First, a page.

Condition: Fragmentary at the back from detachment, the front intact and in very good condition overall. Museum quality custom mount.
Provenance: Private Maryland collection acquired between 1968-1969.
An Egyptian Pre-Dynastic Nile Clay Redware Vessel, ca. 3500 - 3200 BCE
EP2002Regular price $1,200 USD
This polished red vessel (P-class as per Petrie's classification) is closely allied and has the same surface treatment as the black-topped B-class vessels but lacks the blackened rim and interior. For a similar example cf: McKissick Museum, The First Egyptians, page 108-109.
Condition: The vessel is intact and in excellent condition overall, the burnished red surface exhibits a fine craquelure where preserved, with minor surface losses relating to erosion or soluble salt efflorescence. A fine example.
Dimensions: Height: 3 1/2 inches (8.89 cm)
Provenance: Private New York collection, acquired from the NYC trade in the early 2000s.
A Roman Clay Juglet, Roman Imperial Period, ca. 1st - 3rd century CE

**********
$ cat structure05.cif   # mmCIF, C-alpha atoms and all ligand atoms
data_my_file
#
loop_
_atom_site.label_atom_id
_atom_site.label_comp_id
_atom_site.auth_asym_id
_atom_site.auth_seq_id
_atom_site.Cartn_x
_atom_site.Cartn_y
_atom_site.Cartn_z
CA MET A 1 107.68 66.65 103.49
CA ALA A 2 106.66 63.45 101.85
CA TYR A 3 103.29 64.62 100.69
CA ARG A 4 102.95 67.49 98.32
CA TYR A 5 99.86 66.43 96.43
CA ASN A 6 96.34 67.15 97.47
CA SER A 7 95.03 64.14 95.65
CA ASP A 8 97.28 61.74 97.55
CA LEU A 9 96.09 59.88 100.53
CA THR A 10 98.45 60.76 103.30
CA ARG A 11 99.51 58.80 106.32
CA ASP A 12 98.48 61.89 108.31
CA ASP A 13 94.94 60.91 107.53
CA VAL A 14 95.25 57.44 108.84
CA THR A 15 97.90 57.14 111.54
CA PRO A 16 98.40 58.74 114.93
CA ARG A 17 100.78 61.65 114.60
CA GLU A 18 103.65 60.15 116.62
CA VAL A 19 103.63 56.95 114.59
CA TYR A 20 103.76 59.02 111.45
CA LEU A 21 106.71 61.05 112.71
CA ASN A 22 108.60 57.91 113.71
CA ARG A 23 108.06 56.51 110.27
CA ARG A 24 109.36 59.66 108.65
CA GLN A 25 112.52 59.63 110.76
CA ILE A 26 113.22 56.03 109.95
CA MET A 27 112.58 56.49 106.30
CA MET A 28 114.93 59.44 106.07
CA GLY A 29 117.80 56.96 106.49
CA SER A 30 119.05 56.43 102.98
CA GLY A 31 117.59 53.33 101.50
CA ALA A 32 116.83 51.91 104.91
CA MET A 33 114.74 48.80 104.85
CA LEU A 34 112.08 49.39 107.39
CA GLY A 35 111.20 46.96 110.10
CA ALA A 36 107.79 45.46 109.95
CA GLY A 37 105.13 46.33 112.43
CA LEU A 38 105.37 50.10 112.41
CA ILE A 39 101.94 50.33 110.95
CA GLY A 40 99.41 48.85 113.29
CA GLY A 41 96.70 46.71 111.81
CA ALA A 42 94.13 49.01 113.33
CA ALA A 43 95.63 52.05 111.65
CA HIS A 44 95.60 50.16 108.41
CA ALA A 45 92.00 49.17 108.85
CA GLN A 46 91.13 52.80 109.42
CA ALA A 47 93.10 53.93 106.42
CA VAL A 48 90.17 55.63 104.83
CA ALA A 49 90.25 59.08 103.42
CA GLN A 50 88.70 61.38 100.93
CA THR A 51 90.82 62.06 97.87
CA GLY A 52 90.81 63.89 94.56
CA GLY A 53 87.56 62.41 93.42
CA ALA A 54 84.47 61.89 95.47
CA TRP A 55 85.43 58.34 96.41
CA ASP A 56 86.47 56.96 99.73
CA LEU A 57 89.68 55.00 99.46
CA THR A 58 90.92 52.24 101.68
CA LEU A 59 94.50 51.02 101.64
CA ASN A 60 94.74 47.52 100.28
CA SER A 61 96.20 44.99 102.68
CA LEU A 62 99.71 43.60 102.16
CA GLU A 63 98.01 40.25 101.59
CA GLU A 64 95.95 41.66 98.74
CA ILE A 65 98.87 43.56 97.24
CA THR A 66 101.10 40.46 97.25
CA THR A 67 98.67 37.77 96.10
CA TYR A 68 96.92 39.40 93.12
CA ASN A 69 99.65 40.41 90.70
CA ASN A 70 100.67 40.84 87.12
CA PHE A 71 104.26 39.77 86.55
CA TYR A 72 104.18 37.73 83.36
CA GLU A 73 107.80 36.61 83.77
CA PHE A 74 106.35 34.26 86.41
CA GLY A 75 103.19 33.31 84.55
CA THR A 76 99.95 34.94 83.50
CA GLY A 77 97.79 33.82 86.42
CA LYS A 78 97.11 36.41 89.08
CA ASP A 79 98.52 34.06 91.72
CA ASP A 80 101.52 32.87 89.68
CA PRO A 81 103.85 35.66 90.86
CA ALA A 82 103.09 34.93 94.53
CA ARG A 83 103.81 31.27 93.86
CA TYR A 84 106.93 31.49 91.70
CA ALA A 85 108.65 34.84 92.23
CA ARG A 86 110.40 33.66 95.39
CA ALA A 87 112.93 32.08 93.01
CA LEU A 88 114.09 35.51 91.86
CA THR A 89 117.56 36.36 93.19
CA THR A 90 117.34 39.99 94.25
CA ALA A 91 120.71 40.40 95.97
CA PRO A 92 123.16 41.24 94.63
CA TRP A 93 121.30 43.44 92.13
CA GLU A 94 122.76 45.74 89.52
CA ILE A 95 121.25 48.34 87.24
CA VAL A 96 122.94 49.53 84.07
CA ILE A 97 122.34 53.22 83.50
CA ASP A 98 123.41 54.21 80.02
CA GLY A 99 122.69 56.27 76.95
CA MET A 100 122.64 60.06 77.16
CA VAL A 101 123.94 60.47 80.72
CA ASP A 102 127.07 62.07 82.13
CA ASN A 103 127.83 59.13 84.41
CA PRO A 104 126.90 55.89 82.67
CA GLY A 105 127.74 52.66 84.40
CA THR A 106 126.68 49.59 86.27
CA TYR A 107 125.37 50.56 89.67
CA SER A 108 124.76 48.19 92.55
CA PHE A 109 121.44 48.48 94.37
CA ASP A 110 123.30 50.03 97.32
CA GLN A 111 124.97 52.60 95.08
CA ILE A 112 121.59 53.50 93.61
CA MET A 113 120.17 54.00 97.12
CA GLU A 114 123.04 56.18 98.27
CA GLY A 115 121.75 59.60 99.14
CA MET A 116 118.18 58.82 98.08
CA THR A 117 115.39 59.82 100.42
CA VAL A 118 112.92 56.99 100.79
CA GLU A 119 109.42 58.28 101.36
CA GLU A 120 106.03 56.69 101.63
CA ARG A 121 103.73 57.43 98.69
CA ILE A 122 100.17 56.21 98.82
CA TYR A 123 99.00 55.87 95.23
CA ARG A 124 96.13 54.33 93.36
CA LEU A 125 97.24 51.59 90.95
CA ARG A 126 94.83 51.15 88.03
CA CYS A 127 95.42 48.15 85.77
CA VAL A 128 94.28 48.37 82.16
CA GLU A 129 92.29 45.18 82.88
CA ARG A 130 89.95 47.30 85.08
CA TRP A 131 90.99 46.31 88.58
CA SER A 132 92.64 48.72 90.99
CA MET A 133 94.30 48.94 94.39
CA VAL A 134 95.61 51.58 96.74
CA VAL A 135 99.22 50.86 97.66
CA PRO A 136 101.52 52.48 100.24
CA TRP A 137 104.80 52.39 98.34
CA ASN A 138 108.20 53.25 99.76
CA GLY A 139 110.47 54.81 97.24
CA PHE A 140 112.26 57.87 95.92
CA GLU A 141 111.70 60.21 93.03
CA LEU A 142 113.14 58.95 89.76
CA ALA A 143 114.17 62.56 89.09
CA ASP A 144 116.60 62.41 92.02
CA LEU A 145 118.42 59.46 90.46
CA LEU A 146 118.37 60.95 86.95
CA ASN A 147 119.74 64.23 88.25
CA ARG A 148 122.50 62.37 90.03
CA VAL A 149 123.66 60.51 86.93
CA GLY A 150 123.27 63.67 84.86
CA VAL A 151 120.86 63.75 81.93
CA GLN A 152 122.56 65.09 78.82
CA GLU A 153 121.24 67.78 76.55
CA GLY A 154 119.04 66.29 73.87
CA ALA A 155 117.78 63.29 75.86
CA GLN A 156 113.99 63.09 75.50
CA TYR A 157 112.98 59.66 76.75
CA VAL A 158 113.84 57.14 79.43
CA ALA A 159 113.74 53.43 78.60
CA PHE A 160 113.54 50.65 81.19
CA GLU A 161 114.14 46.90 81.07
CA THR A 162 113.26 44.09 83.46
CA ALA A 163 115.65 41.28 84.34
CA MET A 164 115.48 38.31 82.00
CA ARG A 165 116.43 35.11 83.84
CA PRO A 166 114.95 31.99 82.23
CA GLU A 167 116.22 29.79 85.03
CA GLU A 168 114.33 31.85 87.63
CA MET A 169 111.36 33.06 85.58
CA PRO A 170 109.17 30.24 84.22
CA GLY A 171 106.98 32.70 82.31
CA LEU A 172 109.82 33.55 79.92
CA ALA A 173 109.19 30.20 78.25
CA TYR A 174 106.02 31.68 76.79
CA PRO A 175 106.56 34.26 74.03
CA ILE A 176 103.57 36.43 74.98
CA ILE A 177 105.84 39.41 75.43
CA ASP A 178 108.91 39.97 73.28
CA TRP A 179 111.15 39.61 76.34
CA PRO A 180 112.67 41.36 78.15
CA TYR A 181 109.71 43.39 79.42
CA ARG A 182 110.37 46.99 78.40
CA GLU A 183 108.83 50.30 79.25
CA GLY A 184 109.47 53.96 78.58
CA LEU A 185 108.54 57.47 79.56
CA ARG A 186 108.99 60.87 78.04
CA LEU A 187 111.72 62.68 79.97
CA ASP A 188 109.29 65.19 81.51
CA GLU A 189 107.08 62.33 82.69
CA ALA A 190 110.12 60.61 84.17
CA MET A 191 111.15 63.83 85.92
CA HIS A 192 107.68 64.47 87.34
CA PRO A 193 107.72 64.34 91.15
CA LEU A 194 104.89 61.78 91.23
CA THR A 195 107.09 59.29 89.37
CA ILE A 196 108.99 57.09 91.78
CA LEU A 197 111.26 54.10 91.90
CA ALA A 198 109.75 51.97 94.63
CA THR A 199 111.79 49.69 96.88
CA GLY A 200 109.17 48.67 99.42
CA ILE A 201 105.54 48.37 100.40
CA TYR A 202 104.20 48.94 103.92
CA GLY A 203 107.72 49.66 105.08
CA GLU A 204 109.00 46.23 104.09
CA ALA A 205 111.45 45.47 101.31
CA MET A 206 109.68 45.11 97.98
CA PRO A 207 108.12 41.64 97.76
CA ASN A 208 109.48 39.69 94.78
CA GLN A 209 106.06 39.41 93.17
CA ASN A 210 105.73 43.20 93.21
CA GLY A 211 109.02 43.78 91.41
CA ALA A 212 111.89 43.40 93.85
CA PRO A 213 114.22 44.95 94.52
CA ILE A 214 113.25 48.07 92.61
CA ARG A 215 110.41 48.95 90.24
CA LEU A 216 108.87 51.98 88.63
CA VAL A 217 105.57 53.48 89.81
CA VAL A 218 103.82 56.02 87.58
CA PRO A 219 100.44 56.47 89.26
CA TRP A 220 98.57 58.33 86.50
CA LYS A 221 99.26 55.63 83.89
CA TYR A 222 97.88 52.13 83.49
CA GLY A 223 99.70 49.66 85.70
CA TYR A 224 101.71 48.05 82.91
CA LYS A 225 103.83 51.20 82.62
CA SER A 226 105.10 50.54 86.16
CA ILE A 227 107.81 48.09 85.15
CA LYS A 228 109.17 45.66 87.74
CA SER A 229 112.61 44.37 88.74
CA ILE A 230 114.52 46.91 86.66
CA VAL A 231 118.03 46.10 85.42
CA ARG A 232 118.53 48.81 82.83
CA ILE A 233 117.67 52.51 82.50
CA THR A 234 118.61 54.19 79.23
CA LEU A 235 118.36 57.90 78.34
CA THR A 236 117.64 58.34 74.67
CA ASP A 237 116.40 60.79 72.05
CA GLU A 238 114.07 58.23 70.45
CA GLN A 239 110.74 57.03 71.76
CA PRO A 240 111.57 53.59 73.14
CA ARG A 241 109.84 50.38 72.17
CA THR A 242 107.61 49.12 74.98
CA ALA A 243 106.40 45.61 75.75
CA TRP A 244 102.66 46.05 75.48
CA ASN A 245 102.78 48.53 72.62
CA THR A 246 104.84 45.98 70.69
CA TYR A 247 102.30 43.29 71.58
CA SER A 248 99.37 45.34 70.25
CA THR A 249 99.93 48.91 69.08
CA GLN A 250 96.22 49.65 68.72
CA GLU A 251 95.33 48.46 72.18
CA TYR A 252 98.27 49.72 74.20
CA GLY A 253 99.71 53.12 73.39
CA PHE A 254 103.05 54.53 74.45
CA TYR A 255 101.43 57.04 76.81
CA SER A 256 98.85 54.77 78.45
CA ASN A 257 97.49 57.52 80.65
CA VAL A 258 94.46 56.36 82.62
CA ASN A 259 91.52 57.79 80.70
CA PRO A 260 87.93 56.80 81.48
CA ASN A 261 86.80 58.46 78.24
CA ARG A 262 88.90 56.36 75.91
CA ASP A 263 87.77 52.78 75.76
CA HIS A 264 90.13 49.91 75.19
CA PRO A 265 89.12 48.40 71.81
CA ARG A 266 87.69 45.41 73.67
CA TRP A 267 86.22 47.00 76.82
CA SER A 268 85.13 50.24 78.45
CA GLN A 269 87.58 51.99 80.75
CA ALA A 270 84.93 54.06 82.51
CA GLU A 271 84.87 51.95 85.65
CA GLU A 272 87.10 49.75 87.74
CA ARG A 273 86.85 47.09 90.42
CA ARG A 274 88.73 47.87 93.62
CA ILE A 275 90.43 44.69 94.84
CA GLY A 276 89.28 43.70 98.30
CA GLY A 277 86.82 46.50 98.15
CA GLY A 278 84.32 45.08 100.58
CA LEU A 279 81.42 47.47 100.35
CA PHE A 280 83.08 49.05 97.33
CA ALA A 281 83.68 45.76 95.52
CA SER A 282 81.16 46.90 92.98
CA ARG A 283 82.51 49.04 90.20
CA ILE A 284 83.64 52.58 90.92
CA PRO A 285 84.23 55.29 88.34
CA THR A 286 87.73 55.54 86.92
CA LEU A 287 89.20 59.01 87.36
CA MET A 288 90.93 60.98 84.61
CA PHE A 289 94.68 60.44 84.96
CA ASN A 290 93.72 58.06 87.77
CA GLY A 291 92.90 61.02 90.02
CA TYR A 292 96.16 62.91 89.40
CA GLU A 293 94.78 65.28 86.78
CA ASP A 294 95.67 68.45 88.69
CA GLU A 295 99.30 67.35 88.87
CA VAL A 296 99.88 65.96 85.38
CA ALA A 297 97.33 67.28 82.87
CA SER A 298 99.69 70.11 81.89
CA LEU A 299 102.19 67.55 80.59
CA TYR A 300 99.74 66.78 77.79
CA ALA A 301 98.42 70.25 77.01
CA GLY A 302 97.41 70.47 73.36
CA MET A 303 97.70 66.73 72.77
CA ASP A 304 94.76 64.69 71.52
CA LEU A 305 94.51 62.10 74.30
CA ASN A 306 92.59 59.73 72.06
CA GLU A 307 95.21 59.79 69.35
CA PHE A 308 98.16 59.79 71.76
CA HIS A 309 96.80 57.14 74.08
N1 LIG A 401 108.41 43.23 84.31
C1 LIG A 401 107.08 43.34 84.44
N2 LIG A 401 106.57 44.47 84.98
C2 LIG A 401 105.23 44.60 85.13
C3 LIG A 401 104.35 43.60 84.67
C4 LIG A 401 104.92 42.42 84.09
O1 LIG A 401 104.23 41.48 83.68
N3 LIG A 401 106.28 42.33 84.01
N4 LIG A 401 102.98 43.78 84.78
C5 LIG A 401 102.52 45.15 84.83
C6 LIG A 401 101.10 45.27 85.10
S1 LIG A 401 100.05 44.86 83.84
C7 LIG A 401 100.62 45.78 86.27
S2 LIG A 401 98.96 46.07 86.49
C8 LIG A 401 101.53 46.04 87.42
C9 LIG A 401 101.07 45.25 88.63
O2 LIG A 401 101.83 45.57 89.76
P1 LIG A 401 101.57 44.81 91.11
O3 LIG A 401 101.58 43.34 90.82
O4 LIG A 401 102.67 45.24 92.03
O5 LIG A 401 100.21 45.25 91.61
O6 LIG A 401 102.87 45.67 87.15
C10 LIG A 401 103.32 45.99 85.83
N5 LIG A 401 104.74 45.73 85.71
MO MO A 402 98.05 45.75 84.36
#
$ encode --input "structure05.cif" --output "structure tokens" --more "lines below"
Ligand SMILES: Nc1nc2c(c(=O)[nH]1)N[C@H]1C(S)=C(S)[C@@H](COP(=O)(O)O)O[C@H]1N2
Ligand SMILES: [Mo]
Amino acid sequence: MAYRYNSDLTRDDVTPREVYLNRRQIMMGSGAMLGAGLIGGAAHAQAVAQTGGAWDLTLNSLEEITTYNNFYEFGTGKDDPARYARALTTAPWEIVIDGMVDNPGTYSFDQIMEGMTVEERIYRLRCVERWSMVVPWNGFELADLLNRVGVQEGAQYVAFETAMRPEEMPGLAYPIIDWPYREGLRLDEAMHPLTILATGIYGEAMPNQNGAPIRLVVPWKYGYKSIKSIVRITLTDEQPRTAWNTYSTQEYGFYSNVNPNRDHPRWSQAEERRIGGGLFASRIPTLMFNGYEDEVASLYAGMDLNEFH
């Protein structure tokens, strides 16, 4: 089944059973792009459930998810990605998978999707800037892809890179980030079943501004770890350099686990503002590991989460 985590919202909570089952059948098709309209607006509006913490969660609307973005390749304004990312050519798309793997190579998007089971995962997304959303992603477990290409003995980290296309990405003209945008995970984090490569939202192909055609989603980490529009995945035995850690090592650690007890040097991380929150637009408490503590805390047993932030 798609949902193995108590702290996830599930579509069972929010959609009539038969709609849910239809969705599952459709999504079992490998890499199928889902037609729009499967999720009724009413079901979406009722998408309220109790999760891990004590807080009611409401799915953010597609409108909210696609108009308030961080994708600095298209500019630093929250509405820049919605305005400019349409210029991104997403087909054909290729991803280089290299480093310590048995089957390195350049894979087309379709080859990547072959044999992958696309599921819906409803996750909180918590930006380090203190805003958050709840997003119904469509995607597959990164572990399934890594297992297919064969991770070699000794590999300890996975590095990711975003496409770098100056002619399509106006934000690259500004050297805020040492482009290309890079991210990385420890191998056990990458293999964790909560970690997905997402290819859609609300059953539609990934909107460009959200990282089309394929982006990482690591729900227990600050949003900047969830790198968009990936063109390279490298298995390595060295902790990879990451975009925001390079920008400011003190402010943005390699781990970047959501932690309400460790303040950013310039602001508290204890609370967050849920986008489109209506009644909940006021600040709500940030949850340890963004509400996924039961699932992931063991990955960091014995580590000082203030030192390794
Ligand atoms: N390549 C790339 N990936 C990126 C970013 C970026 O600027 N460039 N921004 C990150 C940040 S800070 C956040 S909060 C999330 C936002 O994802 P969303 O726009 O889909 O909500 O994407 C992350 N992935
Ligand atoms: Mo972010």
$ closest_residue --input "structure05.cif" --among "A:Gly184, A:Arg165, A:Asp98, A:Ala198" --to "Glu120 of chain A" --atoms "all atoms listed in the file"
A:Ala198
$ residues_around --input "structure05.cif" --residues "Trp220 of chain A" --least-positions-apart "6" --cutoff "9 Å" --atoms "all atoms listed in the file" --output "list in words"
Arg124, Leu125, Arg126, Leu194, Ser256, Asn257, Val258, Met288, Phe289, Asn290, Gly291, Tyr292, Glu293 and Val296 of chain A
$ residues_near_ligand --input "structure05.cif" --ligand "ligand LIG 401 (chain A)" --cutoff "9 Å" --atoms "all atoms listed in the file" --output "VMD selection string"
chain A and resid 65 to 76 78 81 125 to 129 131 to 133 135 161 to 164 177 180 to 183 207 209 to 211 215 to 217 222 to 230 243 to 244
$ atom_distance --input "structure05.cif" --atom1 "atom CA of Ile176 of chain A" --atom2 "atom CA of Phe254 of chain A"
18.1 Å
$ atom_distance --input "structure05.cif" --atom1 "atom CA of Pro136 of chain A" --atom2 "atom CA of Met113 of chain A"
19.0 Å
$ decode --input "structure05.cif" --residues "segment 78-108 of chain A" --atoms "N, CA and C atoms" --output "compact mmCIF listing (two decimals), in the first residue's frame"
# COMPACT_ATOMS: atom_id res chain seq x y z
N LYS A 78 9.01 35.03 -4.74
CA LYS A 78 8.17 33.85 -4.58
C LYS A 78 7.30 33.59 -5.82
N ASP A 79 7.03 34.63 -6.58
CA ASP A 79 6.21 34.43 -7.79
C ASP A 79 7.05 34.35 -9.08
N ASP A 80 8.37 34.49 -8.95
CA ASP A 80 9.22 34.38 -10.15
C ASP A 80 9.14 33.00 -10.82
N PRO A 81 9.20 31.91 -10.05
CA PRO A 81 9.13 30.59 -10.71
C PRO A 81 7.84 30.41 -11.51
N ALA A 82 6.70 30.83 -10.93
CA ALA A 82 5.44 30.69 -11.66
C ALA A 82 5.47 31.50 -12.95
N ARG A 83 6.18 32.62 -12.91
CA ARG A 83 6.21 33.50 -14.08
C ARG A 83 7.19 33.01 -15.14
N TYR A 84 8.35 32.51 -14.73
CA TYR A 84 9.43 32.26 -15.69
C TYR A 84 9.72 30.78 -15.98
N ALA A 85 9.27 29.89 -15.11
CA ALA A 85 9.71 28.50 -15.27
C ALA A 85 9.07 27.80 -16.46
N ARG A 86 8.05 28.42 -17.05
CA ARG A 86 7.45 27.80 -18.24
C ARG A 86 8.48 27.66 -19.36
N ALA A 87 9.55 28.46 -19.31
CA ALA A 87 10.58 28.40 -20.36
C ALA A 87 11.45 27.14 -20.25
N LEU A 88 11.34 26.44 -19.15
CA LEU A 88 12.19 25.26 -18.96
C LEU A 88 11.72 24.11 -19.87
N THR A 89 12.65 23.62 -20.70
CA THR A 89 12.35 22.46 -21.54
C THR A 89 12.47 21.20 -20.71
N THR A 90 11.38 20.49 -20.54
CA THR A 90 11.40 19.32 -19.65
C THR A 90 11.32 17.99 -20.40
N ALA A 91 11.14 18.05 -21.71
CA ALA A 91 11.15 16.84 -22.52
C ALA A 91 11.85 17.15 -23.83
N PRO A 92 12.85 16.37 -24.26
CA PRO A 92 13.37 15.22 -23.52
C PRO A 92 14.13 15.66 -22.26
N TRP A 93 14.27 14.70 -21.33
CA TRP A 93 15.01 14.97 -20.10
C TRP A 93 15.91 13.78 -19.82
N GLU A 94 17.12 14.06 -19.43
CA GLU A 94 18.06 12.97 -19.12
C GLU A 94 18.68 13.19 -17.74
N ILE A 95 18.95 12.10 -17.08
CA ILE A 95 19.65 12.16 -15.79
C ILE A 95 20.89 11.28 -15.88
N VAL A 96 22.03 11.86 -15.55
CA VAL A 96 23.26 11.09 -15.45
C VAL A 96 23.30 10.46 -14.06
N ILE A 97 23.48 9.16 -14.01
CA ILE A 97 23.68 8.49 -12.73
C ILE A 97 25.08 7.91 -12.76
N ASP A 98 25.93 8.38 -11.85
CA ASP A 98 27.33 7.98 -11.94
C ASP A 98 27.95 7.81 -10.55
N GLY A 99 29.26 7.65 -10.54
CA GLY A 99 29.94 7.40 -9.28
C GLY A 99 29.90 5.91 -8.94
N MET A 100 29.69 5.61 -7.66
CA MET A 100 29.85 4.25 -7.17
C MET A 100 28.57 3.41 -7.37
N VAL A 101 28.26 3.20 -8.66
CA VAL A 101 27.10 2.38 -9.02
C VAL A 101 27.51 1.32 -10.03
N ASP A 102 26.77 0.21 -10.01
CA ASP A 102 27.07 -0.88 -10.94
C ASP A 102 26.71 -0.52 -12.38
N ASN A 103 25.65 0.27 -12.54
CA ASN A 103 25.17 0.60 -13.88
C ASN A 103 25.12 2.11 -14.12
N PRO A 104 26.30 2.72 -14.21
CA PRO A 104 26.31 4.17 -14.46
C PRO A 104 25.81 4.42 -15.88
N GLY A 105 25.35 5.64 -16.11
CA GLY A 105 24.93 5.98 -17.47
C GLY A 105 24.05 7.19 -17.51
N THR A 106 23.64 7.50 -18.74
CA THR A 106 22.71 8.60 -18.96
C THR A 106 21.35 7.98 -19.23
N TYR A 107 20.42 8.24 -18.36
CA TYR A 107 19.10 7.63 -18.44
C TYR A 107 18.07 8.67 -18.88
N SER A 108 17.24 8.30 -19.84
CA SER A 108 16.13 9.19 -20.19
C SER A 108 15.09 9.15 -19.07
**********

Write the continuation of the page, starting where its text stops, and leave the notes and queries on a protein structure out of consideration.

RP1906Regular price $450 USD
A charming little juglet standing on a small round foot with an ovoid ribbed body, flared flat rim, small round mouth, and small handle applied at the rim and shoulder.
Dimensions: Height: 3 inches (7.5 cm)
Condition: Intact and in good condition.
Provenance: Private Maryland collection, acquired in the 1970s.
A Red-Figure Xenonware Oinochoe, Magna Graecia, ca. late 4th century BCE
GP1908Regular price $2,500 USD
Featuring a lovely red-figure curling scroll of ivy vines above a band of vertical lines, another band of lines decorating the shoulders, the squat form of the body standing on a round foot, an elegant high arching handle, slender neck, and pouring channel with molded tiny masks that flank the base of the spout.
This vase is classified as Xenonware, a collection of Apulian vessels decorated with matte red over black glaze that tended to be small and were most likely used as tomb offerings. Decorative motifs typically include ivy vines, laurel wreaths, key patterns, running esses, chevrons, maeanders, wave patterns, and the occasional bird or animal figure. Xenonware emerged as a hybrid between mainland Greek pottery and colonial Southern Italian manufacturing technique during the mid to late 4th century BCE, and is so named after a kantharos in Frankfurt with the inscription "XENON."